Social Anxiety

    Social anxiety is characterized by intense and persistent worries about embarrassing oneself, or showing anxiety symptoms (American Psychiatric Association, 1994). Those who experience social anxiety assume that they will perform poorly, that others will judge them harshly and that their performance reflects personal inadequacy (Wilson, 1996). As such, feared situations are anticipated and endured with intense distress, or (most commonly) avoided altogether (American Psychiatric Association, 1994). Some people experience feelings of anxiety after the feared event is over because they believe they performed poorly and were evaluated negatively.


    Social anxiety is the excessive fear of certain social or performance situations. Generally, people who experience social anxiety fear one or more of the following:

    • formal speaking (e.g. giving a class presentation, speaking with a person in authority)
    • informal speaking (e.g. going to a party, meeting someone new)
    • being observed (e.g. eating in public, using public bathrooms, being watched while working)
    • assertive communication (e.g. expressing disagreement with someone) (Liebowitz, 1987 in Heimberg and Becker, 2002).

    Individuals who experience social anxiety tend to recognize that their fear is excessive, feel upset about their level of anxiety and realize that their daily routine, social life, and academic/occupational functioning has been adversely impacted.


    Problems with social anxiety typically begin in mid-adolescence, emerging out of a childhood history of shyness (Leahy and Holland, 2000). There are numerous possible contributors to the development of social and performance anxiety, including having a

    genetic predisposition, experiencing humiliating or distressing events (e.g. being bullied), and having poor social skills (Leahy and Holland, 2000)


    Symptoms of social anxiety can include the following:


    • Trembling
    • Sweating
    • Dry mouth
    • Trouble swallowing
    • Increased heart rate
    • Shortness of breath
    • Nausea
    • Muscle tension
    • Cold, clammy hands
    • Dizziness
    • Frequent urination
    • Headaches


    • Negative self-talk
    • Persistent worrying
    • Repetitive thoughts
    • Difficulty concentrating
    • Going ‘blank’
    • Thoughts of being out of control
    • Thoughts of going crazy
    • Thoughts of anxiety recurring


    • Avoidance
    • Procrastination
    • Social withdrawal
    • Missed work/classes/exams
    • Making excuses
    • Increased caffeine use
    • Increased alcohol/drug use
    • Eating more/less
    • Disturbed sleep


    • See your doctor or a physician to rule out any physical health problems that may be producing anxiety symptoms.
    • Remember that some amount of anxiety is normal.
    • Recognize that the most effective way to overcome anxiety is to face it. Believing that anxiety is “bad” and must be avoided makes it more difficult to cope. Adopting beliefs that suggest anxiety is uncomfortable but “o.k.” can assist you in performing despite anxiety.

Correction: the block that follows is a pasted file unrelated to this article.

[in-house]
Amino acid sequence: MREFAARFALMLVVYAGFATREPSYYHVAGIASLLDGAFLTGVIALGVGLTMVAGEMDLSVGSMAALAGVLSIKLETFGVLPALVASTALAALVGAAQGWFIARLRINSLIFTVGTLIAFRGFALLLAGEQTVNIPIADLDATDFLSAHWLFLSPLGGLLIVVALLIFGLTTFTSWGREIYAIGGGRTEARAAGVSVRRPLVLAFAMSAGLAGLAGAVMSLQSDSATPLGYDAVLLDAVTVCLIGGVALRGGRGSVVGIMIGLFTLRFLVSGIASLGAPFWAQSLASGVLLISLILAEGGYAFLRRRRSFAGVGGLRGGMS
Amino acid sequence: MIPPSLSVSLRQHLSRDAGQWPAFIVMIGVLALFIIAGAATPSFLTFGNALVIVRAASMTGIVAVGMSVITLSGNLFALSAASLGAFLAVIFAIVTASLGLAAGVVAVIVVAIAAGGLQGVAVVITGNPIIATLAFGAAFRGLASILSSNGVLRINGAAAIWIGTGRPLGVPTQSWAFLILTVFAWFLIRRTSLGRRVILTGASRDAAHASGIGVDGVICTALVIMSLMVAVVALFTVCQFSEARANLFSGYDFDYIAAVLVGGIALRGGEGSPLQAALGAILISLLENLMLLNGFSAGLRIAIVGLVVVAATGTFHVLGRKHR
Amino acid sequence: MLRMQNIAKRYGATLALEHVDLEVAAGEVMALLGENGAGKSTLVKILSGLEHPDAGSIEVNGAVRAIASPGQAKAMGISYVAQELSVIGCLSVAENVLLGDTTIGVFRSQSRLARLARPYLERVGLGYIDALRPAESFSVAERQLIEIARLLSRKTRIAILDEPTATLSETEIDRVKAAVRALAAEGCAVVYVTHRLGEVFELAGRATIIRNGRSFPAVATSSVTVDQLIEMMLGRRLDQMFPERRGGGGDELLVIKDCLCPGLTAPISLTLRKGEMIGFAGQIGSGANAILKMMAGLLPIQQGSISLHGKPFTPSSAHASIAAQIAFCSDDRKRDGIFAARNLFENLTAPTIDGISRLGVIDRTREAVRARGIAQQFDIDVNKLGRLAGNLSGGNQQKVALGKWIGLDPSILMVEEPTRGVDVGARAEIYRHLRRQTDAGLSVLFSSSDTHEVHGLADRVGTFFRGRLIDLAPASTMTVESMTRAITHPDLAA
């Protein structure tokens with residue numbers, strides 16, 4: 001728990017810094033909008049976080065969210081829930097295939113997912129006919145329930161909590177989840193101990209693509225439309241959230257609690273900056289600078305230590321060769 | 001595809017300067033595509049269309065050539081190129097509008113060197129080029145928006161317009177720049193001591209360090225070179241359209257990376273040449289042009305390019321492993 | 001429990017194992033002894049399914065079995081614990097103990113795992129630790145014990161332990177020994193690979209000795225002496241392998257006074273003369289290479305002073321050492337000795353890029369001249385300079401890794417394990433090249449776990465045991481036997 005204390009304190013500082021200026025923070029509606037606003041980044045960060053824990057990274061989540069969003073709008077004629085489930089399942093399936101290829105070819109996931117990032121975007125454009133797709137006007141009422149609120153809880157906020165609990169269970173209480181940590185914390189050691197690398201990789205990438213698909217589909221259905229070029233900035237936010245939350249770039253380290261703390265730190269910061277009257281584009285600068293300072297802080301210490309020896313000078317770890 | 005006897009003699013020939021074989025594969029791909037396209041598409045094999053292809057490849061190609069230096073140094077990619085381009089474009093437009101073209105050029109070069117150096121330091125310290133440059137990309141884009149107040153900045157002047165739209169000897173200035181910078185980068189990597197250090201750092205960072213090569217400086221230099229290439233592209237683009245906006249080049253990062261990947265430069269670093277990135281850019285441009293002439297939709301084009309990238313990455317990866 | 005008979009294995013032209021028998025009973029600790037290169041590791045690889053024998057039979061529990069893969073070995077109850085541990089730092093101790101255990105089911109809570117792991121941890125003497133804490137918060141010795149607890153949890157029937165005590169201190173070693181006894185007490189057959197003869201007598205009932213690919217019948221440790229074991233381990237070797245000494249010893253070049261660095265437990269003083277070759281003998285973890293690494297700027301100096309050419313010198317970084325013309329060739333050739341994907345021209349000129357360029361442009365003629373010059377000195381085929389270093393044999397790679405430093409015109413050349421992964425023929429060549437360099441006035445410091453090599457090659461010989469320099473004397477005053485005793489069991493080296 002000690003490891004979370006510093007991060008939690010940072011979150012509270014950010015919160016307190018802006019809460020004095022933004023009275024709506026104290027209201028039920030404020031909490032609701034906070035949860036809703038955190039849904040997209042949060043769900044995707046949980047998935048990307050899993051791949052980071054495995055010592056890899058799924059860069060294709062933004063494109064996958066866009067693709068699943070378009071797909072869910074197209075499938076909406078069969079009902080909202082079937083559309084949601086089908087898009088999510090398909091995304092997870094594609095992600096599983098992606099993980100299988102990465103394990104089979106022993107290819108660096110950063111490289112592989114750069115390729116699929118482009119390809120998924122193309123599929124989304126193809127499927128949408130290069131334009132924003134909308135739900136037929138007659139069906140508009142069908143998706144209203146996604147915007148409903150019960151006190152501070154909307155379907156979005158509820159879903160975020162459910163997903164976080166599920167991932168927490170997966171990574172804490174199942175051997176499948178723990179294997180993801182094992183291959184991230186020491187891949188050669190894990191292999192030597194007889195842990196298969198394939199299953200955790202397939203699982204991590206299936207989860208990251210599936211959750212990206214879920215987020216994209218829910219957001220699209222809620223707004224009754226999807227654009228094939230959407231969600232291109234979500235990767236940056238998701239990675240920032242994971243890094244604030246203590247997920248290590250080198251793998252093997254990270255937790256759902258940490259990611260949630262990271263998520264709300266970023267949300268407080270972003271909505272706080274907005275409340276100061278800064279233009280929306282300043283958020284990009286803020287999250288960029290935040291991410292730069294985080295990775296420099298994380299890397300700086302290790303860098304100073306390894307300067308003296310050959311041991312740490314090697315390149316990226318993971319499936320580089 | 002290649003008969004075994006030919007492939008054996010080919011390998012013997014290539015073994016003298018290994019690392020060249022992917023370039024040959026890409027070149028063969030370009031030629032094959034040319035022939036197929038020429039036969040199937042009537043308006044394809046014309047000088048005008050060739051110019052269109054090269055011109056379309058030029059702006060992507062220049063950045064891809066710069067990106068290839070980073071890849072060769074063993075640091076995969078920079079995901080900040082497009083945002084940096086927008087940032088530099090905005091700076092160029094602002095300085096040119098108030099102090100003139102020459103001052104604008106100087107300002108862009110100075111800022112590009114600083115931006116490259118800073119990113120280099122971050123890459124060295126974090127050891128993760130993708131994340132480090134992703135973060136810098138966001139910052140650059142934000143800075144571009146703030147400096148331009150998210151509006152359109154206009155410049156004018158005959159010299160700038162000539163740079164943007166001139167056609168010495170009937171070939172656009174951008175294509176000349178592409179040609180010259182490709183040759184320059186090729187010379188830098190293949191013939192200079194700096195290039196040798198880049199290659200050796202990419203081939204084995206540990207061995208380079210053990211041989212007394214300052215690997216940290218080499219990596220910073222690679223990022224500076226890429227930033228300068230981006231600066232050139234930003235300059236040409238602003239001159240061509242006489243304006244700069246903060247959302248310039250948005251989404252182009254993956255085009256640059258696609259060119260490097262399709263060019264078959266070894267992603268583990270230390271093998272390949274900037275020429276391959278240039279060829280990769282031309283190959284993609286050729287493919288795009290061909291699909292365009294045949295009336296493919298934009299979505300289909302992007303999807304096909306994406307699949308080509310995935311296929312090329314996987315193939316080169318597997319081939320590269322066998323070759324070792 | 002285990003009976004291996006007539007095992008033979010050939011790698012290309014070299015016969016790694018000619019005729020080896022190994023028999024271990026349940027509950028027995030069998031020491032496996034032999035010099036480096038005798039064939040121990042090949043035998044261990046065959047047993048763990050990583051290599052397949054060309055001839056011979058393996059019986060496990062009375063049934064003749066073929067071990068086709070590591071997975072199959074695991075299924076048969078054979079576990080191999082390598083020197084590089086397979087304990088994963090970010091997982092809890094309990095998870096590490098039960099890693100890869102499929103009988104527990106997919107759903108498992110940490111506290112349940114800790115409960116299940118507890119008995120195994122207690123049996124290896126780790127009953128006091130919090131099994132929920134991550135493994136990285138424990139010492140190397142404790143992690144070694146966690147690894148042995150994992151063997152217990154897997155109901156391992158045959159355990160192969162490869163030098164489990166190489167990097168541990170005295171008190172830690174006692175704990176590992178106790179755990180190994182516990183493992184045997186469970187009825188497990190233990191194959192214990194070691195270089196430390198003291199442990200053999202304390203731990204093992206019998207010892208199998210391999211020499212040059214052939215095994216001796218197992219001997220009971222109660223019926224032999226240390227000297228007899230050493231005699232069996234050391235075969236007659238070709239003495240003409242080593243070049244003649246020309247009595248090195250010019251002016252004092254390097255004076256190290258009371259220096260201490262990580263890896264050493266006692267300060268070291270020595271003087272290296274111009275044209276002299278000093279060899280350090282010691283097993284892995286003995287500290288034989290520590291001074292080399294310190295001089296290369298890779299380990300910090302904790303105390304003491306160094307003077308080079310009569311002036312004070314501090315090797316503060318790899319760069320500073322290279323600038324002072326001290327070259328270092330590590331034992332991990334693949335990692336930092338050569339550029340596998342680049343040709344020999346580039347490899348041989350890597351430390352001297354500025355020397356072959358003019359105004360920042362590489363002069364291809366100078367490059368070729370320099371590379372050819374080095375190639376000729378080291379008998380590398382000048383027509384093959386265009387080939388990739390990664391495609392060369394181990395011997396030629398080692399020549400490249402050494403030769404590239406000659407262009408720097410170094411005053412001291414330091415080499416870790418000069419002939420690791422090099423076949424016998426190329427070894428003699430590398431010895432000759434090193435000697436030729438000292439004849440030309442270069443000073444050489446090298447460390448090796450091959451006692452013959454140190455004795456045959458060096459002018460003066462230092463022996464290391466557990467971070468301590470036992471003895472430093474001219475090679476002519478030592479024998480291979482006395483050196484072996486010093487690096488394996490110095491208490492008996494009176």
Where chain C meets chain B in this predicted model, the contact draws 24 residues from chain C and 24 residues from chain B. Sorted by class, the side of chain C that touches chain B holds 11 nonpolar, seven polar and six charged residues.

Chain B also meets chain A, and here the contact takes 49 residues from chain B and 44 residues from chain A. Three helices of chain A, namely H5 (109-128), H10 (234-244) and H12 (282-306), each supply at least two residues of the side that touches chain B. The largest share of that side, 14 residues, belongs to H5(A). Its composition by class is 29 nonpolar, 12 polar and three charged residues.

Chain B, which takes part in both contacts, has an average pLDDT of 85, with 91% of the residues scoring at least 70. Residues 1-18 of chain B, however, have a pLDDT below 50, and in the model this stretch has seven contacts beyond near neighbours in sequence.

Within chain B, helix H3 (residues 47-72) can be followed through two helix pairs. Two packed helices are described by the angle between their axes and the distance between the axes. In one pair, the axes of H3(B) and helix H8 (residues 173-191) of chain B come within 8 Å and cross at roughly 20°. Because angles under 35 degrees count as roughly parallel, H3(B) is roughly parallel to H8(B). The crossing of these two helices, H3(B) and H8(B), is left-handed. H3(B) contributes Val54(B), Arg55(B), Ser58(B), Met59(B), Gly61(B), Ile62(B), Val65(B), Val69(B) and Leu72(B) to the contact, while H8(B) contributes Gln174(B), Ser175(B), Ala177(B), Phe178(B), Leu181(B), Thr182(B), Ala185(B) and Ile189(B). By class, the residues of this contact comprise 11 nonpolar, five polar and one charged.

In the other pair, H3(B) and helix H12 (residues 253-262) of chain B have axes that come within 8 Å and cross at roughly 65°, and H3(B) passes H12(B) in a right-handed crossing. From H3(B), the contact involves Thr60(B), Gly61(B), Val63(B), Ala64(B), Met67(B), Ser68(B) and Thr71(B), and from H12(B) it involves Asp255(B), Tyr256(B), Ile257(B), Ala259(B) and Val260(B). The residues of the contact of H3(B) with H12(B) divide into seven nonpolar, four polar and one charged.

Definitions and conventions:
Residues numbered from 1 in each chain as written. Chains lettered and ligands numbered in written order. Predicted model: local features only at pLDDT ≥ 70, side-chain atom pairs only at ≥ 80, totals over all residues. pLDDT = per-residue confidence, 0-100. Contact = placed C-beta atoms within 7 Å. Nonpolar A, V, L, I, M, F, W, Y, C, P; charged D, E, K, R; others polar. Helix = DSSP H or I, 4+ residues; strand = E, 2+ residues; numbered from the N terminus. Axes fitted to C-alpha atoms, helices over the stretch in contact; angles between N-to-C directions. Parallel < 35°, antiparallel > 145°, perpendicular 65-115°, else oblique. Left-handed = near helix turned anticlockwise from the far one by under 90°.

• Think about your thinking. Learn to recognize negative predictions (“He’ll think I’m stupid”), harsh self-criticisms (“I’m so boring”), perfectionistic self-statements (“I have to get this right”) and beliefs about helplessness (“It won’t matter if I try”). Challenge negative self-talk. When you notice anxious thinking, try asking yourself questions such as: “Is this always true?” “What are the odds of that really happening?” “Could there be another possibility?” “Is there another explanation?” “Is this helpful?” “Would I talk to a friend this way?” Next, generate positive self-statements that are affirming, encouraging and believable (e.g. “I was nervous during my presentation and it showed. I got through it, though. And the class really seemed to like the last section. Next time I’ll prepare more thoroughly.”) (Bourne, 1995; Wilson, 1996).
    • Challenge avoidance behavior. Avoiding anxiety-provoking situations alleviates anxiety immediately but only temporarily. Avoiding means you rob yourself of the opportunity to see that you can cope, that disasters rarely occur and that your level of anxiety will diminish.
    • Stay in the anxiety-provoking situation until your physical discomfort lessens. If you can’t stay, keep going back until you feel less anxious. Your anxiety will decrease.
    • Learn to trust your body. Your body is incapable of maintaining an extreme level of anxiety for an extended period of time. Practising abdominal breathing can help alleviate uncomfortable anxiety symptoms.
    • Take care of your physical health. Eat well, exercise regularly, get enough rest and avoidexcessive use of caffeine.
    • Seek professional help if you have problems with substance use.
    • Seek and accept support from others.
    • Read about anxiety management.
    • Give yourself credit for taking charge and helping yourself cope. Be patient, too.


    If you think you may be experiencing problems with anxiety that require professional assistance, contact us for an appointment.

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